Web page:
The Centre for Clinical Haematology in Birmingham has undergone a transformative expansion to give patients better access to lifesaving treatments.
The Centre (CCH), which is run by University Hospitals Birmingham NHS Foundation Trust (UHB), reopens on 8 January 2018 following a £3.4m refurbishment.
In addition, the expansion project has pledged to create 75 new jobs, with some of these posts already filled.
The expansion has been possible thanks to funding from the Greater Birmingham & Solihull Local Enterprise Partnership (GBSLEP), Cure Leukaemia and the Trust.
It fulfils a vision to create a centre of excellence for clinical haematology which combines outpatient and day infusion facilities along with improved access to clinical and research teams when available standard treatments have been exhausted.
Professor Charlie Craddock, CBE, Director of the centre, said: “The expansion will allow the continued growth of our world-class clinical trials programme, ensuring Birmingham will continue to lead the global fight against all forms of blood cancer.
“It will immediately increase the number of lives saved and will speed the process towards establishing effective treatments for all blood cancers within 25 years.”
The centre was established in 2006 and has since treated over 10,000 patients, run more than 60 ground-breaking clinical trials and leveraged over £30 million of free drugs that would otherwise not be funded by the NHS. The expansion will allow these numbers to continue to grow, as well as creating jobs and support inward investment into Birmingham’s thriving Life Sciences sector.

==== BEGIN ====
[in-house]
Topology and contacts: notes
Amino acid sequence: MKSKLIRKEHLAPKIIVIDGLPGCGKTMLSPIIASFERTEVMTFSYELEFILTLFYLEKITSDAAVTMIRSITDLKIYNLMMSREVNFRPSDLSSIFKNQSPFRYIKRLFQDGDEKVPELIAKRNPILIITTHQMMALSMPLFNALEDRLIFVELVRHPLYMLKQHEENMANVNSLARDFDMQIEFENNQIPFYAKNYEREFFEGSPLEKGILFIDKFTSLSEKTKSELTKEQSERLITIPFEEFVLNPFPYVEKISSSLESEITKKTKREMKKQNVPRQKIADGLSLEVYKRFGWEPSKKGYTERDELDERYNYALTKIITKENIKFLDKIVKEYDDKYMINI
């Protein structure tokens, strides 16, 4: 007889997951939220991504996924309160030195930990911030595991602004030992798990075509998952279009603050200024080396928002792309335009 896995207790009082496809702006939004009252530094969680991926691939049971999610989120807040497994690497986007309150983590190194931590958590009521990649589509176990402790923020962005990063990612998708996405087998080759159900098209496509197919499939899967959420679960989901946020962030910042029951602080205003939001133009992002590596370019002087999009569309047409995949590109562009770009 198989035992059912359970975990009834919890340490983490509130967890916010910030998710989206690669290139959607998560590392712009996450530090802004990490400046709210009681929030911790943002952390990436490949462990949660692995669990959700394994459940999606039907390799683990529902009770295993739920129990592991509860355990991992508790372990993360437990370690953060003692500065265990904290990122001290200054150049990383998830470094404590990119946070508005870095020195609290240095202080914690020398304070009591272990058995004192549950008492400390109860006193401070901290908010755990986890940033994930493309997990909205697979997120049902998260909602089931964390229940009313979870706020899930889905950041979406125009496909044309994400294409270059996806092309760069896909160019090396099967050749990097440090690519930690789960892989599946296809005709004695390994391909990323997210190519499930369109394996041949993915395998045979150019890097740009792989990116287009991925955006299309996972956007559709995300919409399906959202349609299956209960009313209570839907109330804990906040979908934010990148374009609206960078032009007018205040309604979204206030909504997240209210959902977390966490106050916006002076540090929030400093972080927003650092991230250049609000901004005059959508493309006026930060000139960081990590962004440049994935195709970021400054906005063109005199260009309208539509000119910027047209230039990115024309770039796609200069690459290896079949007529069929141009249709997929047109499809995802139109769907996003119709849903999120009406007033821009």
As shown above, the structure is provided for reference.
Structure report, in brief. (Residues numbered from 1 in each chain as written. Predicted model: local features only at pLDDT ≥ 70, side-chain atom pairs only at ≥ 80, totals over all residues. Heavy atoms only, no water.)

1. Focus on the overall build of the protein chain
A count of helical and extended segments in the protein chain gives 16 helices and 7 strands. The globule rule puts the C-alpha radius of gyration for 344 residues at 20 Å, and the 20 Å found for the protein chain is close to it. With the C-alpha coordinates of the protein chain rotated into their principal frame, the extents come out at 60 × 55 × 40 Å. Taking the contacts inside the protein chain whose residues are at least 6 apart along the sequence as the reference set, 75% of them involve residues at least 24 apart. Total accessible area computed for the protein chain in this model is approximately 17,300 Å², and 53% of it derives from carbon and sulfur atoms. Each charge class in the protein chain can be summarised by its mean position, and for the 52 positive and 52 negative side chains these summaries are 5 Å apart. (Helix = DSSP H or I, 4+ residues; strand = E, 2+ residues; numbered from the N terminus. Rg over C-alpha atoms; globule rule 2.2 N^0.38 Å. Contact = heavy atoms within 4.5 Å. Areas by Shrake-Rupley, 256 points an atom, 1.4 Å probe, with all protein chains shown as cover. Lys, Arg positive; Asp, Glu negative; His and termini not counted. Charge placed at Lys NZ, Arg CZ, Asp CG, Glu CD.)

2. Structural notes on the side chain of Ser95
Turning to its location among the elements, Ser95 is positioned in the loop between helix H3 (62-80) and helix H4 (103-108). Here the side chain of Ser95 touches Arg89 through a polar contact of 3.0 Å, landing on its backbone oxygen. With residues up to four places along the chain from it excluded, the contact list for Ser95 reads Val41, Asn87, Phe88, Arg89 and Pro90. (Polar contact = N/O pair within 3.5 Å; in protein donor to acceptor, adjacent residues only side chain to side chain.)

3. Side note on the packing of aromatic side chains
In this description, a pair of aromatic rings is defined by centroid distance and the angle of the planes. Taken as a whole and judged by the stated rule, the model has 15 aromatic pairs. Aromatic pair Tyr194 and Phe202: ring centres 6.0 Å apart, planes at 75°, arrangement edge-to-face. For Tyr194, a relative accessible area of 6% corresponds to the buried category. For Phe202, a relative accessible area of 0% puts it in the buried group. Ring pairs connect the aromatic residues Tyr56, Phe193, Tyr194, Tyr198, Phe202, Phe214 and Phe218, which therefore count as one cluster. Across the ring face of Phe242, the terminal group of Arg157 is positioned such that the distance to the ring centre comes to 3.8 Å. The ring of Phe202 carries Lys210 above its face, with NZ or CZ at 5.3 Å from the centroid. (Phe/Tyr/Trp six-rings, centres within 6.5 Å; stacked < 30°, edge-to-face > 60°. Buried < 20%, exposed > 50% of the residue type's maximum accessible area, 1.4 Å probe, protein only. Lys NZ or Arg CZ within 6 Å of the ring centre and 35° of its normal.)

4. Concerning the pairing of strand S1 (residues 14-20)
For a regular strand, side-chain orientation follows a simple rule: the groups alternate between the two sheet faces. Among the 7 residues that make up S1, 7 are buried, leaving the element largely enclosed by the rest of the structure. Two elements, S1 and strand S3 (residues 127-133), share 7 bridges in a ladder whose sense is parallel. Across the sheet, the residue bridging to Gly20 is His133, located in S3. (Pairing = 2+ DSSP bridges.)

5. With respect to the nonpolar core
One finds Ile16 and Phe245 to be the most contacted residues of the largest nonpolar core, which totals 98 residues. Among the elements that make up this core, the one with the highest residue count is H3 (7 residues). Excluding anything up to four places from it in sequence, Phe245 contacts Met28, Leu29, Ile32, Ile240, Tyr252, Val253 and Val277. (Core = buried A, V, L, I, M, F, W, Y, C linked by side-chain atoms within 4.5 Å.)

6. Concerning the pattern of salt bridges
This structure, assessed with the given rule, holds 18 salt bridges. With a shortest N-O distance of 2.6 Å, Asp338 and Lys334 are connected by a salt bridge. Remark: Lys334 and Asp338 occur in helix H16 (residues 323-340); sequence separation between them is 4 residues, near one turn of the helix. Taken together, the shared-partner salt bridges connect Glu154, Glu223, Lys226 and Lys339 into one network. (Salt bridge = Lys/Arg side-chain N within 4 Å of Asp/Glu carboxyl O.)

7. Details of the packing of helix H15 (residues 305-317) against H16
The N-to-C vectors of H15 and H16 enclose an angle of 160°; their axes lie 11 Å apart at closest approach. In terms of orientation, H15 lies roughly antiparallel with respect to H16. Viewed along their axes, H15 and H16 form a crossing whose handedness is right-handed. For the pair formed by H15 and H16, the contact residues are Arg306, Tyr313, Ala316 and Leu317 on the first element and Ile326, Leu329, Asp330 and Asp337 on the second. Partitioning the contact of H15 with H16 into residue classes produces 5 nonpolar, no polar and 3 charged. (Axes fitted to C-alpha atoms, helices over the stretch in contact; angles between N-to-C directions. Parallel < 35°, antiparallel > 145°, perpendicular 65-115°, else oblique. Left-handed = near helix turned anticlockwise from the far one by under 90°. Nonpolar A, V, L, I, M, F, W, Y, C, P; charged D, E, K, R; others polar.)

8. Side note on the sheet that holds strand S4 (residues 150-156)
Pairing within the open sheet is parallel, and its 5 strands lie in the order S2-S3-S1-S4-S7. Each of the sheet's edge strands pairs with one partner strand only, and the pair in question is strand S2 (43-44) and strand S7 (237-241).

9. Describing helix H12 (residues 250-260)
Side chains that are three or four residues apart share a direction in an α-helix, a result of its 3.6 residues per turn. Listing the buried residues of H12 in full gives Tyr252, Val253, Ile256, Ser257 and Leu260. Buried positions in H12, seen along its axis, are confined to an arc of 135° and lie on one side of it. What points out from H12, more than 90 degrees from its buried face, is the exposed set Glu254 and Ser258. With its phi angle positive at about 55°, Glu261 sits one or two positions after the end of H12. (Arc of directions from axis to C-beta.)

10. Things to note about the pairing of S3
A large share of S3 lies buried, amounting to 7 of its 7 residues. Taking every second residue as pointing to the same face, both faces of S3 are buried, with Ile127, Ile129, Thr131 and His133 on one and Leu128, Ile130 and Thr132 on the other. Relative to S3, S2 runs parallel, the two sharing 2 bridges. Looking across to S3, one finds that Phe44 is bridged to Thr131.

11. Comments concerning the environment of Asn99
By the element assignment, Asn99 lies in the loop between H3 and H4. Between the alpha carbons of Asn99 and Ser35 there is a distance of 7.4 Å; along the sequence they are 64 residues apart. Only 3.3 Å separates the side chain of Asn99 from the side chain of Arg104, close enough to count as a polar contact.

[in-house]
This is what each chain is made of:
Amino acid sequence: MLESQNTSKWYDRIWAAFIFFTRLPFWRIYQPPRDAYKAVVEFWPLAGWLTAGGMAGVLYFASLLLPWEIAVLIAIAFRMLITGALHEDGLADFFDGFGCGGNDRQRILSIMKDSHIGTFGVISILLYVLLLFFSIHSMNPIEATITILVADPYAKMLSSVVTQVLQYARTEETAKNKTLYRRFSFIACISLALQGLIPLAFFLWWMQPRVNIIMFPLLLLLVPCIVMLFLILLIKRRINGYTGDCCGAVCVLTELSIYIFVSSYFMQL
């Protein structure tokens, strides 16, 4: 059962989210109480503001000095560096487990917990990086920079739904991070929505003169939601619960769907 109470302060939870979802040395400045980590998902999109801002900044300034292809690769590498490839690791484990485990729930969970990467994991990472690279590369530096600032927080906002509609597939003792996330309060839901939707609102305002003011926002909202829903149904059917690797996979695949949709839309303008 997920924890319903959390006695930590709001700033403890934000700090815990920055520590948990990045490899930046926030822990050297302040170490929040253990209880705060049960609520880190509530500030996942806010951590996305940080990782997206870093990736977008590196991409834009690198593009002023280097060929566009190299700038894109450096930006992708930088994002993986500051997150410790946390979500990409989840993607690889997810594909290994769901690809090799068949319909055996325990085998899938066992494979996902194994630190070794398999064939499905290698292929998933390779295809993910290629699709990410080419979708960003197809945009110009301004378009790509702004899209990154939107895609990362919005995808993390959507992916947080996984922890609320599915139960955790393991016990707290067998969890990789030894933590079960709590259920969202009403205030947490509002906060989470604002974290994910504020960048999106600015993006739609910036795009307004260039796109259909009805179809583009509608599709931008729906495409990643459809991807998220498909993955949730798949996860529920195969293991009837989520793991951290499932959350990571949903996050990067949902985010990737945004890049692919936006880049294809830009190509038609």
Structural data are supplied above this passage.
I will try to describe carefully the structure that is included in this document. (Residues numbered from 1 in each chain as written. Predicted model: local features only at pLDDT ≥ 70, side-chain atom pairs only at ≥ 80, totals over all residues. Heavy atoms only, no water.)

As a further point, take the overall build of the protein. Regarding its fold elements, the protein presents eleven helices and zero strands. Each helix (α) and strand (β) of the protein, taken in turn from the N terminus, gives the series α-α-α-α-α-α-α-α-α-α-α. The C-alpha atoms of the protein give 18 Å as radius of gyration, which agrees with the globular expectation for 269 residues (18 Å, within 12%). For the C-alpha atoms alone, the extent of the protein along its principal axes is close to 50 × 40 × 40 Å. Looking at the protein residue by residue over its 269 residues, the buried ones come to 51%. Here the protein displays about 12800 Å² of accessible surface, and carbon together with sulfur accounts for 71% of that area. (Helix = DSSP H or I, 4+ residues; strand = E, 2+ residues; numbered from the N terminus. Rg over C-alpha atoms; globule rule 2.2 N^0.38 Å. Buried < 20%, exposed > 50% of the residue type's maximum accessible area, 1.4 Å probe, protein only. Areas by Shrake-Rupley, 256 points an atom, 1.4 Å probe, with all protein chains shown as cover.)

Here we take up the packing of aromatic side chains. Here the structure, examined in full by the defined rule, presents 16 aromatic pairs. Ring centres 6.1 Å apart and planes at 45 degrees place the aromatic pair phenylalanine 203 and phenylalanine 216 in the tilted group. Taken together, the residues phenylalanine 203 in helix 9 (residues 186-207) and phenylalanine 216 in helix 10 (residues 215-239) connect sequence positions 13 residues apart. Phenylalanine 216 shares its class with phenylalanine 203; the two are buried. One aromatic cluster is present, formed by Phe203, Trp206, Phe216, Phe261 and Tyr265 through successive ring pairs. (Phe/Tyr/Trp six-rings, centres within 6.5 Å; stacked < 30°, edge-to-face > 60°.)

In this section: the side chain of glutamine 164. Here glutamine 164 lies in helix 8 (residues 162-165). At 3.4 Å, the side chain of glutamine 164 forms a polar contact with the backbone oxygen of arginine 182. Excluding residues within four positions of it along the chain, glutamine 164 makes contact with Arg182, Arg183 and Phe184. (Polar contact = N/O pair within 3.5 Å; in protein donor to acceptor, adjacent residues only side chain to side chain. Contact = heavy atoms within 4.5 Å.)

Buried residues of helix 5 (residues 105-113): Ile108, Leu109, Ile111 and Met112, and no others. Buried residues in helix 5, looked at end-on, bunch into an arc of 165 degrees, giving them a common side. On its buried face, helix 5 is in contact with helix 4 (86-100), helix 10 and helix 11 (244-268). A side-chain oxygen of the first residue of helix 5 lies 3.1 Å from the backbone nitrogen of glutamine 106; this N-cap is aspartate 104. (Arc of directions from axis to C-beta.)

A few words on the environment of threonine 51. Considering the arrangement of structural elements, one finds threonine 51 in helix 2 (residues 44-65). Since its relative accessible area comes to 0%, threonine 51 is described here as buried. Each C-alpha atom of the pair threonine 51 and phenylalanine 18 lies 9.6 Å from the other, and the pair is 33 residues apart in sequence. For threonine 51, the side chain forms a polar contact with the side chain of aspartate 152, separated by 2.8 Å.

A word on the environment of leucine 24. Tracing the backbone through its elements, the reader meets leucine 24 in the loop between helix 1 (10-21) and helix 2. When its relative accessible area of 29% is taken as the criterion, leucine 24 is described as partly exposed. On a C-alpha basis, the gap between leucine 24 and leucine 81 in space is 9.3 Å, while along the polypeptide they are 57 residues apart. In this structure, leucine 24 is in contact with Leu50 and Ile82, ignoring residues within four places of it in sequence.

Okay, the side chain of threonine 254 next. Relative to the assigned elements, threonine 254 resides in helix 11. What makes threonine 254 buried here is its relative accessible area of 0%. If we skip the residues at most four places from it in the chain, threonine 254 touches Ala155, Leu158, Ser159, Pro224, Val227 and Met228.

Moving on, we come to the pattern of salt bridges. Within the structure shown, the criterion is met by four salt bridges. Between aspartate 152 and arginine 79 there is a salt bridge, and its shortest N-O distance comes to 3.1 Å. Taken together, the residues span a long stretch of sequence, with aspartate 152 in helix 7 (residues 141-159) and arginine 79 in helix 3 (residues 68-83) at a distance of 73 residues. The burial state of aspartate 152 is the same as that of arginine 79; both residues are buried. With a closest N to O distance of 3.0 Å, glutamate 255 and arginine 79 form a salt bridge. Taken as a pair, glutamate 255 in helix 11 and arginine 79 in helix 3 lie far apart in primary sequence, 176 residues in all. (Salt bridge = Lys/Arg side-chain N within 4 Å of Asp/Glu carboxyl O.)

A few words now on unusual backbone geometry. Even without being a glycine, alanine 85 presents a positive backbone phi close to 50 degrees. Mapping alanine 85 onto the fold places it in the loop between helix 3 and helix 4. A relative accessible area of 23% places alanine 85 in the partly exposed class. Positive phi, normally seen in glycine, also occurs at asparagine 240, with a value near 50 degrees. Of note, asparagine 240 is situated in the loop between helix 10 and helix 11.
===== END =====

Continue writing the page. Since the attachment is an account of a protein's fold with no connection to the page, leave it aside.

Blood cancer charity Cure Leukaemia made a commitment to raising an additional £1m in 2017 to ensure the Centre’s expansion was fully funded.
CEO James McLaughlin said: “Our £1m Centre Appeal was a huge undertaking for Cure Leukaemia but I am thrilled to announce that we were able to raise the necessary funds for this vital development.
“The support we received from trusts, foundations, major donors, corporate partners and all our fundraisers emphasised how passionately people feel about this improved facility. I would like to thank every person who contributed as every penny will go towards making a potentially lifesaving difference to patients battling this cruel disease.”
Former England, Crystal Palace, Wolves and Nottingham Forest Footballer, blood cancer survivor and Cure Leukaemia Patron Geoff Thomas said:
“I and three other amateur cyclists rode 10,400km last year as we took on all three grand cycling tours to raise funds towards this appeal. The 3 Tours Challenge was just one of the hundreds that took place to raise funds for this centre, which saved my life back in 2003.
“I opened the centre in 2006 and I am immensely proud to have played a part in this inspirational project.”
Jenna Ostrowski, a 33-year-old Corporate Solicitor at KPMG Birmingham, was diagnosed with Acute Myeloid Leukaemia in July 2017 just days after Cure Leukaemia CEO James McLaughlin had given a presentation at her offices about the charity.
She said: “When I heard James talk about the charity I was emotional because I lost my uncle to the disease a few years ago. Little did I know but I actually had leukaemia at that point. Since I’ve been diagnosed I haven’t actually been treated at the centre but was lucky enough to have a tour of the facility before Christmas. Knowing what I know now about the treatment process for this disease I can see what a huge benefit the expanded centre will have for patients.
“I am delighted to have played a part in raising funds through family and friends to help make this a reality and I am looking forward to setting foot in the building when it reopens in January.”
View photos from throughout the project below:
How funds raised for Cure Leukaemia help save lives